A Young Man of Strict Nigerian-American Parents Comes of Age While Coming Out
BY: DWIGHT GARNER
The jury is out on whether dating apps like Happn and Grindr are bad for society or simply bad for the future of vowels. They’re plainly no help to Niru, the teenage boy at the center of “Speak No Evil,” Uzodinma Iweala’s second novel.
You’ve heard of Iweala, even if you’ve not read him. He’s an American writer of Nigerian descent whose confident, persuasive and harrowing first novel, “Beasts of No Nation” (2005), began as his thesis work in creative writing at Harvard.
That book told the story of Agu, a child soldier who fights in a civil war in an unnamed West African country. It became a slow burn of a Netflix movie from the director Cary Fukunaga.
Iweala’s long-awaited and underwhelming sophomore effort is set in the United States. It’s about what happens when Niru, the son of wealthy and conservative Nigerian-American parents in the suburbs of Washington, D.C., comes out of the closet to Meredith, a preppy white girl who’s in love with him.
In her novel “Americanah,” the Nigerian writer Chimamanda Ngozi Adichie had a blogger write: “One great gift for the Zipped-Up Negro is The White Friend Who Gets It.” Niru is as zipped up as a freezer bag. And the sensitive Meredith, who resembles “a younger Anne Hathaway,” gets it.
She so wants to be useful to her gay friend that she secretly installs Grindr and other dating apps on his phone. When Niru’s father sees his flashing notifications and asks “Who is Ryan?” this novel’s fuse is lit.
Before long Niru and his father are on their way back to Nigeria for gay conversion therapy of a sort that would warm the ventricles of Mike Pence’s tattletale heart.
Iweala plays Niru’s story as tragedy, not farce. Indeed, one of this book’s essential points is that reckless fun is only for white teenagers. Niru may be a track star and headed to Harvard (early admission), but he has to be perpetually wary.
“I look at these kids laughing with each other, standing without jackets like even the cold can’t touch them and I don’t understand why there are people for whom rules and norms are fully optional, for whom foolishness is celebrated,” Niru thinks.
White kids smoke weed, ingest cocaine and hook up freely. “And there is me,” he says, “black, sober and scared to death by locker room banter.”
“Speak No Evil” is a muted, minor-chord novel. The trip to Nigeria and a startling moment of racial violence late in the book aside, it is a fairly mild and conventional gay coming-of-age novel, a sarsaparilla instead of a shot.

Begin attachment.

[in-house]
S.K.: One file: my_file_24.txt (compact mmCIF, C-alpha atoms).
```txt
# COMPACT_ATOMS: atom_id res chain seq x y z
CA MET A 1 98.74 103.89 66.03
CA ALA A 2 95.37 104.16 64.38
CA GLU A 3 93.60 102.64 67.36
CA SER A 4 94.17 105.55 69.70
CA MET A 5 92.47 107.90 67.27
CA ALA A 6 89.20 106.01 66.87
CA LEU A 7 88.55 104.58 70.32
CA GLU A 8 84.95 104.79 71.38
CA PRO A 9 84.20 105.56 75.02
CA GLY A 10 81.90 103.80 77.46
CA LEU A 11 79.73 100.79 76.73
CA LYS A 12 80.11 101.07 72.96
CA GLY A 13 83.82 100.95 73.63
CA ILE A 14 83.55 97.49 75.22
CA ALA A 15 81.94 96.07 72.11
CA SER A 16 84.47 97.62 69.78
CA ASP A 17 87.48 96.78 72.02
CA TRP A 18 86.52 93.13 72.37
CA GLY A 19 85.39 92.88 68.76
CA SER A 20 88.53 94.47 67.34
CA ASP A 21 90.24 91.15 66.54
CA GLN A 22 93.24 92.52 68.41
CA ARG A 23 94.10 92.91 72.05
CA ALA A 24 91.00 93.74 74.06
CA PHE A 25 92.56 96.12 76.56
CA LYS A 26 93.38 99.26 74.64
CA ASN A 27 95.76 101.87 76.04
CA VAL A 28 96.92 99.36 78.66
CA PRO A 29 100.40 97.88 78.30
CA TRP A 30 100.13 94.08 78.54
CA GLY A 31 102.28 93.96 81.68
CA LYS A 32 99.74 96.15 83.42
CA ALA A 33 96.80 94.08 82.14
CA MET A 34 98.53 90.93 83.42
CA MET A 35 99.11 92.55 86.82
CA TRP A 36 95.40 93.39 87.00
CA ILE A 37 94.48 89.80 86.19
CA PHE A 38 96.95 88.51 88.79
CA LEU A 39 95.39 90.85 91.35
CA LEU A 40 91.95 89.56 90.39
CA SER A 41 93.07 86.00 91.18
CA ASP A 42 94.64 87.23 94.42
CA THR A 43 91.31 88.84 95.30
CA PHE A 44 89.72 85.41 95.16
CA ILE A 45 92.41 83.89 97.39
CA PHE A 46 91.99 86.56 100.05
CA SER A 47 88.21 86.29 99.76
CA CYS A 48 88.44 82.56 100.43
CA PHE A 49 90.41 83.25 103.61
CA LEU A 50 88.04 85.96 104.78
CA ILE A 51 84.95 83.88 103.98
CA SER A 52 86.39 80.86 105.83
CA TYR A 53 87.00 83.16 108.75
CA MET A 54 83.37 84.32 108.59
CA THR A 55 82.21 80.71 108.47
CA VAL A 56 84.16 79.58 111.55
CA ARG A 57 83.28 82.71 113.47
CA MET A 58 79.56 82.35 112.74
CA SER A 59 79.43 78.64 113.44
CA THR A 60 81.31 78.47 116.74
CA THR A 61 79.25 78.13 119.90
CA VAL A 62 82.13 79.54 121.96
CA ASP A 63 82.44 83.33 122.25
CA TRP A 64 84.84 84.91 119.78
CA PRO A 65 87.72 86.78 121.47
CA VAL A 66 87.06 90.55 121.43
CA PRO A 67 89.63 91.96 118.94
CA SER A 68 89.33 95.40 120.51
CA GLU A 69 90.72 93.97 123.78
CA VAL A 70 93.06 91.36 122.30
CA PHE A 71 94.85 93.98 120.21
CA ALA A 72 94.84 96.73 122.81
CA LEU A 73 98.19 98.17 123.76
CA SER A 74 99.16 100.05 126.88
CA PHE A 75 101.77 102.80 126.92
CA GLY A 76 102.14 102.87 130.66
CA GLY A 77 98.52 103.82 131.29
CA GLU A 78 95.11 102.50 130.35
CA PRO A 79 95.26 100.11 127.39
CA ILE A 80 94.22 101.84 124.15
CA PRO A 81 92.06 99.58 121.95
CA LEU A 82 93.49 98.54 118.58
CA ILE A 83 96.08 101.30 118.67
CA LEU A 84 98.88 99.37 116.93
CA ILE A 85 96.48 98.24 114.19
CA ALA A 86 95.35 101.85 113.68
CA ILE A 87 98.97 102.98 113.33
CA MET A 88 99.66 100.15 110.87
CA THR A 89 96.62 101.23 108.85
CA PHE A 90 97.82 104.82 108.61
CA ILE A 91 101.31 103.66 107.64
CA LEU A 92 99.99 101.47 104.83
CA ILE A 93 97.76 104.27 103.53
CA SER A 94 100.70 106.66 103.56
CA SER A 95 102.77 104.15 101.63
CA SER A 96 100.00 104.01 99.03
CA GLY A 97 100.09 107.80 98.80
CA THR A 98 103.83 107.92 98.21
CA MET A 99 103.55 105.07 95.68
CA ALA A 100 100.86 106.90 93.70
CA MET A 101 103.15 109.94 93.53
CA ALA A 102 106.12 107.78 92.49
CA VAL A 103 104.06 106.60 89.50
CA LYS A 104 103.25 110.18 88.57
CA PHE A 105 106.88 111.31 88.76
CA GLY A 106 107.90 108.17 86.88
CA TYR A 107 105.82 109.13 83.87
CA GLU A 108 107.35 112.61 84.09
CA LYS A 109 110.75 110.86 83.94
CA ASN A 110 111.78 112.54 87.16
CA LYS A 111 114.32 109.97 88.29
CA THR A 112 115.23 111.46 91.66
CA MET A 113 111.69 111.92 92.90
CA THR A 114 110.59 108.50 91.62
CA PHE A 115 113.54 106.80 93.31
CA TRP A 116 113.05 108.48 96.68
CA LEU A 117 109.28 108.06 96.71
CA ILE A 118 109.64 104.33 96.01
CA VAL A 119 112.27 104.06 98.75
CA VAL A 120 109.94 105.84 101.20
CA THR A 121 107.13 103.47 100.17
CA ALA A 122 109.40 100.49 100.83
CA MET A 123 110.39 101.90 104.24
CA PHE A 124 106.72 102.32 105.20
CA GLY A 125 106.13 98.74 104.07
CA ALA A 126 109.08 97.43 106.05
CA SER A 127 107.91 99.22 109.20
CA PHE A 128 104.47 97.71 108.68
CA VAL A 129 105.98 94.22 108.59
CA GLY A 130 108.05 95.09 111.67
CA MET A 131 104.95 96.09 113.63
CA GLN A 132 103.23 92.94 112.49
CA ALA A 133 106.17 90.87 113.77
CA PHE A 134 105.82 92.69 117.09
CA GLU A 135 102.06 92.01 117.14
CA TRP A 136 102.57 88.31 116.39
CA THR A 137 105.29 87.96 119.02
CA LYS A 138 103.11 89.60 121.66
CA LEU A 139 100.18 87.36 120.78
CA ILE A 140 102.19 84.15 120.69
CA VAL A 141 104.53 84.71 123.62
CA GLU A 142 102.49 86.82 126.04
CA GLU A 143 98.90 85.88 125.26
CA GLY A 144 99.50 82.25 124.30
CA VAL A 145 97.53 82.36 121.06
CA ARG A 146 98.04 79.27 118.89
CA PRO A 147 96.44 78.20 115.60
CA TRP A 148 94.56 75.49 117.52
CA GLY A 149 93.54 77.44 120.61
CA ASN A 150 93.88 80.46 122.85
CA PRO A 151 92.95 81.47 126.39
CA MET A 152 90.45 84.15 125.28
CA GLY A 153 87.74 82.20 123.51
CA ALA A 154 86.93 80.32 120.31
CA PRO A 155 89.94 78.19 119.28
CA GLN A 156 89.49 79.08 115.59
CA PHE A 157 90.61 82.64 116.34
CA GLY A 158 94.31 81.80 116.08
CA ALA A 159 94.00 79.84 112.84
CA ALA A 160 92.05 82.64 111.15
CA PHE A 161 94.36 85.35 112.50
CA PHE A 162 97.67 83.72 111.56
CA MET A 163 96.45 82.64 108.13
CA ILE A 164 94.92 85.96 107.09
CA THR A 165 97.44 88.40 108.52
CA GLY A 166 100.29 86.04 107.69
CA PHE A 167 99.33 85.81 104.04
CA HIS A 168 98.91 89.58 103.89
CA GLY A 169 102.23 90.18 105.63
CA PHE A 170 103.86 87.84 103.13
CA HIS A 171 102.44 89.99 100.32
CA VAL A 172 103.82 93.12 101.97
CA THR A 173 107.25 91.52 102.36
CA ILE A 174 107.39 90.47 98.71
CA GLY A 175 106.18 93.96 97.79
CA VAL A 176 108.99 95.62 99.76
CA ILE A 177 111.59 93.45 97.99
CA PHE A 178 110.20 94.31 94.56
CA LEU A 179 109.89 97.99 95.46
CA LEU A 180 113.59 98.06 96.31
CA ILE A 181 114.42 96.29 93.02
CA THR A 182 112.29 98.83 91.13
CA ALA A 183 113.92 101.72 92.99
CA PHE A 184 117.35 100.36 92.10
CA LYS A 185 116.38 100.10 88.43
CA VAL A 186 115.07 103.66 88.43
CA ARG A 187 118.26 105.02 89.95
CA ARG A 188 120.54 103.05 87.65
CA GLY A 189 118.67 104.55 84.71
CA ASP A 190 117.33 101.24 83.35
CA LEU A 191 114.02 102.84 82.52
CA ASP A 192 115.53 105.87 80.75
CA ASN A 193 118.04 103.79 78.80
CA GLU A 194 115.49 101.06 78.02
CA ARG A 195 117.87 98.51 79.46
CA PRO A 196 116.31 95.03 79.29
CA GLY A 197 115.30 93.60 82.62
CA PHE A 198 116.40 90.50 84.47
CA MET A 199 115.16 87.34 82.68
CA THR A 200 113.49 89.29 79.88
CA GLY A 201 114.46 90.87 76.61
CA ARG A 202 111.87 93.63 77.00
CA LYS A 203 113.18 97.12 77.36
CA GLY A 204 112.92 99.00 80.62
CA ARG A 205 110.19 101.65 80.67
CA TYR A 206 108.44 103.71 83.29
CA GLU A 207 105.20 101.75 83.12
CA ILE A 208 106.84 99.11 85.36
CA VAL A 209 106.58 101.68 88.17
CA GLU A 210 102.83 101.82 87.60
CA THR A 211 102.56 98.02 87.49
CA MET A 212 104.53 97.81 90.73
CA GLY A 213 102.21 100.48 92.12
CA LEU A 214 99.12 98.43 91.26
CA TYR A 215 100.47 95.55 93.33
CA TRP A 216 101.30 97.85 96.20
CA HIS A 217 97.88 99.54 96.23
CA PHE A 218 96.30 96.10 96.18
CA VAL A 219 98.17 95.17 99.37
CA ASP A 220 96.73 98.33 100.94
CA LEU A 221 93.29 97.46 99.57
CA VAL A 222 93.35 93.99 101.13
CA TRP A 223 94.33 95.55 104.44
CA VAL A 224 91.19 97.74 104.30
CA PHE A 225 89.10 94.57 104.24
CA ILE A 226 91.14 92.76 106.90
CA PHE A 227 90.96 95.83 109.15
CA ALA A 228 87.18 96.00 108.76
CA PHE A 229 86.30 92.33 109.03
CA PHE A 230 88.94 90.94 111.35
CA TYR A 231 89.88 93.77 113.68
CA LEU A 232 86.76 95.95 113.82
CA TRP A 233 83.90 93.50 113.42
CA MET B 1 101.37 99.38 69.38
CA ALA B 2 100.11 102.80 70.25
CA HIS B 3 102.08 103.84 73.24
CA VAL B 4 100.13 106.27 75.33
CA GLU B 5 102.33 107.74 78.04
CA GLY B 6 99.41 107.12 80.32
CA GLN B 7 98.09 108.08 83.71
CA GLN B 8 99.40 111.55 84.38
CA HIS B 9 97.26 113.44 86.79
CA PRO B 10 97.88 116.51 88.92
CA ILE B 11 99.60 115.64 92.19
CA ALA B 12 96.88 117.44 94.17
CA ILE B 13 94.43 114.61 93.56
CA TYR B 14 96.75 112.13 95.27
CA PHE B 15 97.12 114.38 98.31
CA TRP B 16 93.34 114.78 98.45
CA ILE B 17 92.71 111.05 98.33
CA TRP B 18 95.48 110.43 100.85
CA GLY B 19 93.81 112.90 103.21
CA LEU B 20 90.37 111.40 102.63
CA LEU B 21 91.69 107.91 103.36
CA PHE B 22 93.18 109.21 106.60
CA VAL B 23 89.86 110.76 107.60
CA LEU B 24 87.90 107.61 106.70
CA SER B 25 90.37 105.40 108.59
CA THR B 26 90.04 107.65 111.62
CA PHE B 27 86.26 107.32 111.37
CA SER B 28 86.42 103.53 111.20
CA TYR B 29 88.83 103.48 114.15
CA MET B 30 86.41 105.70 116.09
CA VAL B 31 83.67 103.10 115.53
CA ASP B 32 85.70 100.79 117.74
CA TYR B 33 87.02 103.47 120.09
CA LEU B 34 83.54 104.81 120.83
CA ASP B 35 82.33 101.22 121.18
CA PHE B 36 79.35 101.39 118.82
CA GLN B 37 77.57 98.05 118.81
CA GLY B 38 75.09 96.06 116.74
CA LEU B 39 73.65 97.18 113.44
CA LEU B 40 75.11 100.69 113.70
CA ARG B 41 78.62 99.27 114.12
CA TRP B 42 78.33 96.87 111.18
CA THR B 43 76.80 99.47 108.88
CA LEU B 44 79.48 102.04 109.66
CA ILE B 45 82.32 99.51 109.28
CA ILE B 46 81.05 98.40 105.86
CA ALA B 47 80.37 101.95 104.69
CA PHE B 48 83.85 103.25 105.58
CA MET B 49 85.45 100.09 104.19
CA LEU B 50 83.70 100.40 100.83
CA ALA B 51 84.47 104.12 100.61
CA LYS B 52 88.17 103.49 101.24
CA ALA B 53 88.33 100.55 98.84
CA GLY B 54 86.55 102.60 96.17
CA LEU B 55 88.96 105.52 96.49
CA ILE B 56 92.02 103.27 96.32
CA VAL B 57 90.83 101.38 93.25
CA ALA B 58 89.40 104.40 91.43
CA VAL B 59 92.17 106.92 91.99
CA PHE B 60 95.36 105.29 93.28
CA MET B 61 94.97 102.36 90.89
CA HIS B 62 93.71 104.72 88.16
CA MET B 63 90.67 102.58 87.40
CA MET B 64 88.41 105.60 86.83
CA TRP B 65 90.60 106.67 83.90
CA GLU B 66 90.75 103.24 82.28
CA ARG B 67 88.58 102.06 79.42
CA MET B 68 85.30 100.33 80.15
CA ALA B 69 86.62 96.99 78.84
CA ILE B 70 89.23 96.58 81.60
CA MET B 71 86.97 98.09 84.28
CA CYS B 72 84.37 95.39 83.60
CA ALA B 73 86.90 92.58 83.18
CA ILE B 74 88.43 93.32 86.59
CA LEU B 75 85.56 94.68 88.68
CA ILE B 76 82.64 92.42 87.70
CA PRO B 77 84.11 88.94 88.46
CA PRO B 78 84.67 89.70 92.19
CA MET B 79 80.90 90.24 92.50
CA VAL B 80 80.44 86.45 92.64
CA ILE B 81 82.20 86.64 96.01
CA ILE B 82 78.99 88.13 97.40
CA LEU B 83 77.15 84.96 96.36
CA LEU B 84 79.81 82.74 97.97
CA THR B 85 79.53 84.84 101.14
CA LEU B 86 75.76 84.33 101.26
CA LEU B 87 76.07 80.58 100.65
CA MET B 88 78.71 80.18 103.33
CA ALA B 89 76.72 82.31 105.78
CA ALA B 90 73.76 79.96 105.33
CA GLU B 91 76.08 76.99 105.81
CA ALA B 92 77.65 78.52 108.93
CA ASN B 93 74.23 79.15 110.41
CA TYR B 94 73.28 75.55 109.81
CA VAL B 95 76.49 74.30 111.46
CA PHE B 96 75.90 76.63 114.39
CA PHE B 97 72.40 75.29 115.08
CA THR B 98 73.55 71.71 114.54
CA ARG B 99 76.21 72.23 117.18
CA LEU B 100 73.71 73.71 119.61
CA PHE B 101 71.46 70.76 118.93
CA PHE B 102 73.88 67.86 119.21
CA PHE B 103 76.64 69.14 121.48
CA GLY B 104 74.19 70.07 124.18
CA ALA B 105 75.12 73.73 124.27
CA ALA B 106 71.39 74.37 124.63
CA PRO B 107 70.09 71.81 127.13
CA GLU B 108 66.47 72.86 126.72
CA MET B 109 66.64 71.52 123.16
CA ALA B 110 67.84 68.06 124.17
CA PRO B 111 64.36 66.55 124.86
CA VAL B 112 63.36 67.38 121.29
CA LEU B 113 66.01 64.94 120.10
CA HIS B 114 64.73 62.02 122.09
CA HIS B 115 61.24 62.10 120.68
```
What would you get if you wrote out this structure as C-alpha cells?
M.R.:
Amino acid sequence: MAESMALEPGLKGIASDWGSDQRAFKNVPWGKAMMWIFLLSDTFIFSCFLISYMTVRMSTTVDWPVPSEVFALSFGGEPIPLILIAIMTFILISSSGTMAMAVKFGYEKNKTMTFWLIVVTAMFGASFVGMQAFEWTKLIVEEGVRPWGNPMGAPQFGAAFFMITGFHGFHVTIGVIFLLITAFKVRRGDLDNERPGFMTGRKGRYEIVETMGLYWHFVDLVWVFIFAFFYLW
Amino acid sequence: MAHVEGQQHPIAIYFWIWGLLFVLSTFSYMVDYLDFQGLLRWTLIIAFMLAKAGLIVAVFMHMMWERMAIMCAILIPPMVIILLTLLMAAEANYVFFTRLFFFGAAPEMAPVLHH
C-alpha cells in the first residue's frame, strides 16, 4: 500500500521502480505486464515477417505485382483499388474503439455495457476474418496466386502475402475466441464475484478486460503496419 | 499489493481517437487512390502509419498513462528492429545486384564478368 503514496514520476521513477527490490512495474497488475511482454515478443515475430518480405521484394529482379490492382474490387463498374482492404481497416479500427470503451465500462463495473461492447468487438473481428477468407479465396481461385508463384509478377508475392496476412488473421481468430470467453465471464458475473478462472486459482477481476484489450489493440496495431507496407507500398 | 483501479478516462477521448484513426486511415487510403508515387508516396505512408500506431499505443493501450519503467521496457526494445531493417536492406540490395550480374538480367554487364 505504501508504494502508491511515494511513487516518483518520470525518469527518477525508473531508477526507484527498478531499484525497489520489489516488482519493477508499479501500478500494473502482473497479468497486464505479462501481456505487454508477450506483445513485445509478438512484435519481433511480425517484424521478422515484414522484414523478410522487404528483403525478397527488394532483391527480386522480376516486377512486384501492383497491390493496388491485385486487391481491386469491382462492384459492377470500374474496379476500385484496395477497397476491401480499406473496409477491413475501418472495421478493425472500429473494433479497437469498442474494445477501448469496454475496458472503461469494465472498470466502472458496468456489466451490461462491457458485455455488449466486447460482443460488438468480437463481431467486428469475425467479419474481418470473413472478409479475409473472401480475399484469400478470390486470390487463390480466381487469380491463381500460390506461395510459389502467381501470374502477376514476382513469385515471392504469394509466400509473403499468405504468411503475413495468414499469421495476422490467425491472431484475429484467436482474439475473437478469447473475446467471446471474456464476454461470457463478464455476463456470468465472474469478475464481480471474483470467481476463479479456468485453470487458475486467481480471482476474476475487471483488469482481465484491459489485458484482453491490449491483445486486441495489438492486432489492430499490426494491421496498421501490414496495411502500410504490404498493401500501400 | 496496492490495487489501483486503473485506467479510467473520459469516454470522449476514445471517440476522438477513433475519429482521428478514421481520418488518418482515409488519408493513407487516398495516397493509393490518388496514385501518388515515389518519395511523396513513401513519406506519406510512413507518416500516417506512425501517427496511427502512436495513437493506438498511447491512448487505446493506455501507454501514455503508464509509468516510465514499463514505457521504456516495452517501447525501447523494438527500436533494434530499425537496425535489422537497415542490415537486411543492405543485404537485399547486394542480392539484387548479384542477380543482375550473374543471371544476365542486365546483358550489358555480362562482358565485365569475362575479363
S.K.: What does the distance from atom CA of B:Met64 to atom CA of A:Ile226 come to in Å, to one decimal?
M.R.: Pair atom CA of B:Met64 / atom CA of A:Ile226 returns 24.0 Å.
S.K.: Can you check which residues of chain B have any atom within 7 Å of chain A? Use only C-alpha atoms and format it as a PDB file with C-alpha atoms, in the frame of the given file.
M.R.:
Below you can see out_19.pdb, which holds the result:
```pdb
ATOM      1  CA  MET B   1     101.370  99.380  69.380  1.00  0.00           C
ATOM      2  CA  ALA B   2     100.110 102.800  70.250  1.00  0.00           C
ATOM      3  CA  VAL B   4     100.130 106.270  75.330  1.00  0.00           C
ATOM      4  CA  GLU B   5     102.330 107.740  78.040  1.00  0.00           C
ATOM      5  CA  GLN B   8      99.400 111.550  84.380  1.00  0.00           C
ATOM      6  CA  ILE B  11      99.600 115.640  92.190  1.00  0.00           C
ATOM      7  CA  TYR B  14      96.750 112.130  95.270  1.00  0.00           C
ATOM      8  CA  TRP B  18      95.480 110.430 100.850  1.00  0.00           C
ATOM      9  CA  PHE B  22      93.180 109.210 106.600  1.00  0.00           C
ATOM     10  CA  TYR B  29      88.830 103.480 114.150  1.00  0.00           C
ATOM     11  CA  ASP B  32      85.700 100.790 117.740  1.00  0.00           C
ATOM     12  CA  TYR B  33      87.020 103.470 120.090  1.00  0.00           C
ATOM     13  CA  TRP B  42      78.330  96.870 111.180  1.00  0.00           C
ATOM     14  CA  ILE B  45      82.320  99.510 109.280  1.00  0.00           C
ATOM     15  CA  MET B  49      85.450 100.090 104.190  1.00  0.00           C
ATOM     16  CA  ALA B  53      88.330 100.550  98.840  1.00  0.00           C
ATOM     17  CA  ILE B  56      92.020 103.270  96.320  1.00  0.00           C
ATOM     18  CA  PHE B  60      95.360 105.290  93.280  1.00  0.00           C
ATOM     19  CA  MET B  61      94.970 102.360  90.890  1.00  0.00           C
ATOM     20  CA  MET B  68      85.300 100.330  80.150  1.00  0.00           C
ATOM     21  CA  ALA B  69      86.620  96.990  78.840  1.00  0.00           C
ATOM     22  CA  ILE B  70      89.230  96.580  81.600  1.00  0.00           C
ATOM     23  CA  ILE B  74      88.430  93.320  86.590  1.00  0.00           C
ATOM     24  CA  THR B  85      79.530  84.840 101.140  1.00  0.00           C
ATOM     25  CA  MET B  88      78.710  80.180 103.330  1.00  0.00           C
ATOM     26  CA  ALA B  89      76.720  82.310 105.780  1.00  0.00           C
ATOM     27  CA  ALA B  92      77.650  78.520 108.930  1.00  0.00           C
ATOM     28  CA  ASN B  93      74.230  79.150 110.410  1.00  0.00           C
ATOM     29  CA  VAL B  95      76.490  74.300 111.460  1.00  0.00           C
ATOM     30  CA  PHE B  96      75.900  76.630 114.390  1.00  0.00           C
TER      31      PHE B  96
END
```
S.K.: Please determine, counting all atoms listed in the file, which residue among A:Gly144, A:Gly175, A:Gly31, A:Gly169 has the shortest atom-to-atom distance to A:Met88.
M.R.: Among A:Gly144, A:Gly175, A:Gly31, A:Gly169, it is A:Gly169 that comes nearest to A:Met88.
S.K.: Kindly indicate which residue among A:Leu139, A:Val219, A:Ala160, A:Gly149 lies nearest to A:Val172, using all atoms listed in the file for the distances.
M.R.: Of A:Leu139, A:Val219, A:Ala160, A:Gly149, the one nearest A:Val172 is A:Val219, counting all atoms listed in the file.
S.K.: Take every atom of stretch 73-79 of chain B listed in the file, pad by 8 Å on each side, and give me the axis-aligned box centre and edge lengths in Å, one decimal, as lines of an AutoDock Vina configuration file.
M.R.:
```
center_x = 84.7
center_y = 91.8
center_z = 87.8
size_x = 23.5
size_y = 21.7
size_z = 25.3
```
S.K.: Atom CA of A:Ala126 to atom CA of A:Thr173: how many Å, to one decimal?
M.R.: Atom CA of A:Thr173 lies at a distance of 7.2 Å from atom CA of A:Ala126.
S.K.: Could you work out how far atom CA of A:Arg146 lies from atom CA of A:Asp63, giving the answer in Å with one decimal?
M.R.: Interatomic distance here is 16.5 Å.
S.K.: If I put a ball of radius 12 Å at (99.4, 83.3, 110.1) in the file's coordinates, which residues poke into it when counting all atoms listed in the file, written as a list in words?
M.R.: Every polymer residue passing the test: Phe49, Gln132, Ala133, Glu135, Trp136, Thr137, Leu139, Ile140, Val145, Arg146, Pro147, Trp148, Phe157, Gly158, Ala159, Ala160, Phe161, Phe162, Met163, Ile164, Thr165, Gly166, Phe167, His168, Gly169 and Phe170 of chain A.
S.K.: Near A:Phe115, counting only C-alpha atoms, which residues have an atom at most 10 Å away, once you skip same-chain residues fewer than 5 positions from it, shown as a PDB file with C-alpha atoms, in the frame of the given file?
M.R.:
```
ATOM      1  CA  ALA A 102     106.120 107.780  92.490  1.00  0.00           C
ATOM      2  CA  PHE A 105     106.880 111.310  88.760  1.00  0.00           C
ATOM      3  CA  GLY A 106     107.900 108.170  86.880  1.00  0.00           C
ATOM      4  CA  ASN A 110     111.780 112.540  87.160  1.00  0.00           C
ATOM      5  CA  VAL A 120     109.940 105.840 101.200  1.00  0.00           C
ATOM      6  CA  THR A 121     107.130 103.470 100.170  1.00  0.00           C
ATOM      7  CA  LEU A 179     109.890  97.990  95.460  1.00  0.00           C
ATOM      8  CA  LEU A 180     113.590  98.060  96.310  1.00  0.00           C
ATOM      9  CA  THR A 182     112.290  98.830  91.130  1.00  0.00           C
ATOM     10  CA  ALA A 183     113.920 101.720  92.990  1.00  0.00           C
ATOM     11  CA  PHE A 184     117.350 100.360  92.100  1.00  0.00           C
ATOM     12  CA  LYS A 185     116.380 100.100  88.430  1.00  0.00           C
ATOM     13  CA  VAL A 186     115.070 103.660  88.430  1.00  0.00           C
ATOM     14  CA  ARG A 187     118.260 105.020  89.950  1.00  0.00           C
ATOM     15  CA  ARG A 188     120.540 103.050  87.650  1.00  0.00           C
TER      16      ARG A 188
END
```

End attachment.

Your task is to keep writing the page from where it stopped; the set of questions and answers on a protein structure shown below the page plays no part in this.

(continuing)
It’s a book about race and gender and identity but not an especially telling book about those things. Its characters are thin. There is no sting in its tail, no joker in its pack, no treble in its sonics. Its two parts, one narrated by Niru, the other by Meredith, fuse awkwardly.
Some writers can smack a genre’s clichés and coax them back to life. Iweala in this case is not among them. The “It Gets Better” movement is a glorious thing, for example, but that phrase is repeated too many times in this novel.
When Niru goes to a running event, he says what you somehow know he is going to say: “Today we’re going to leave it all on the track.” The cute boy he begins to date is from central casting.
There are signs Iweala knew his long-gestating novel had problems. In the acknowledgments he thanks his editor for her “tolerance of tabletops full of index cards instead of pages of text.”
He thanks another woman for “your insistence that there was a good book hidden somewhere in the jumble of pages.” A third woman is credited with “listening to me cry about it, whine, try to quit writing, not quit, and then try to quit again.” You begin to feel you are holding less the product of a natural birth than an emergency cesarean.
(Students of effusive acknowledgments will find much to digest in Iweala’s six pages of them. One couple is thanked for “that wood-smoked salmon,” another for “that charred kale salad tho.” A woman is thanked “because three words: Italian, hot, sauce.” Niru, alas, is a picky eater.)
There are moments in this novel that hint at Iweala’s freer, more essayistic voice. He is probing on how, back home in Nigeria, Niru’s father is a different man — larger and louder, he seems to take up more space. Niru’s older brother diagnoses this change as “Nigeriatoma, an acute swelling of ego and pride.”
Niru goes on: “Symptoms may vary but are exceptionally pronounced upon return to native soil and include hyperactivity, elevated mood, grandiose thinking and increased aggression.” Finally he adds, “The duration of symptoms may vary, but poor electricity, bad roads and exposure to extreme heat have proven effective as treatment.”
Here is the vivid scene when Niru’s father first confronts him about his apparent homosexuality: “He grabs my ear. Daddy, I yelp as he twists and pulls me forward. You want to go and do gay marriage, is that what you want, you want to go and carry man, put your thing for his nyash? Abomination. A BOMI NATION. He pushes my face down into the kitchen table.”
Not enough scenes are this alive. Like so many second novels, this one feels like a book Iweala had to get out of the way in order to arrive at what he really wants to write next.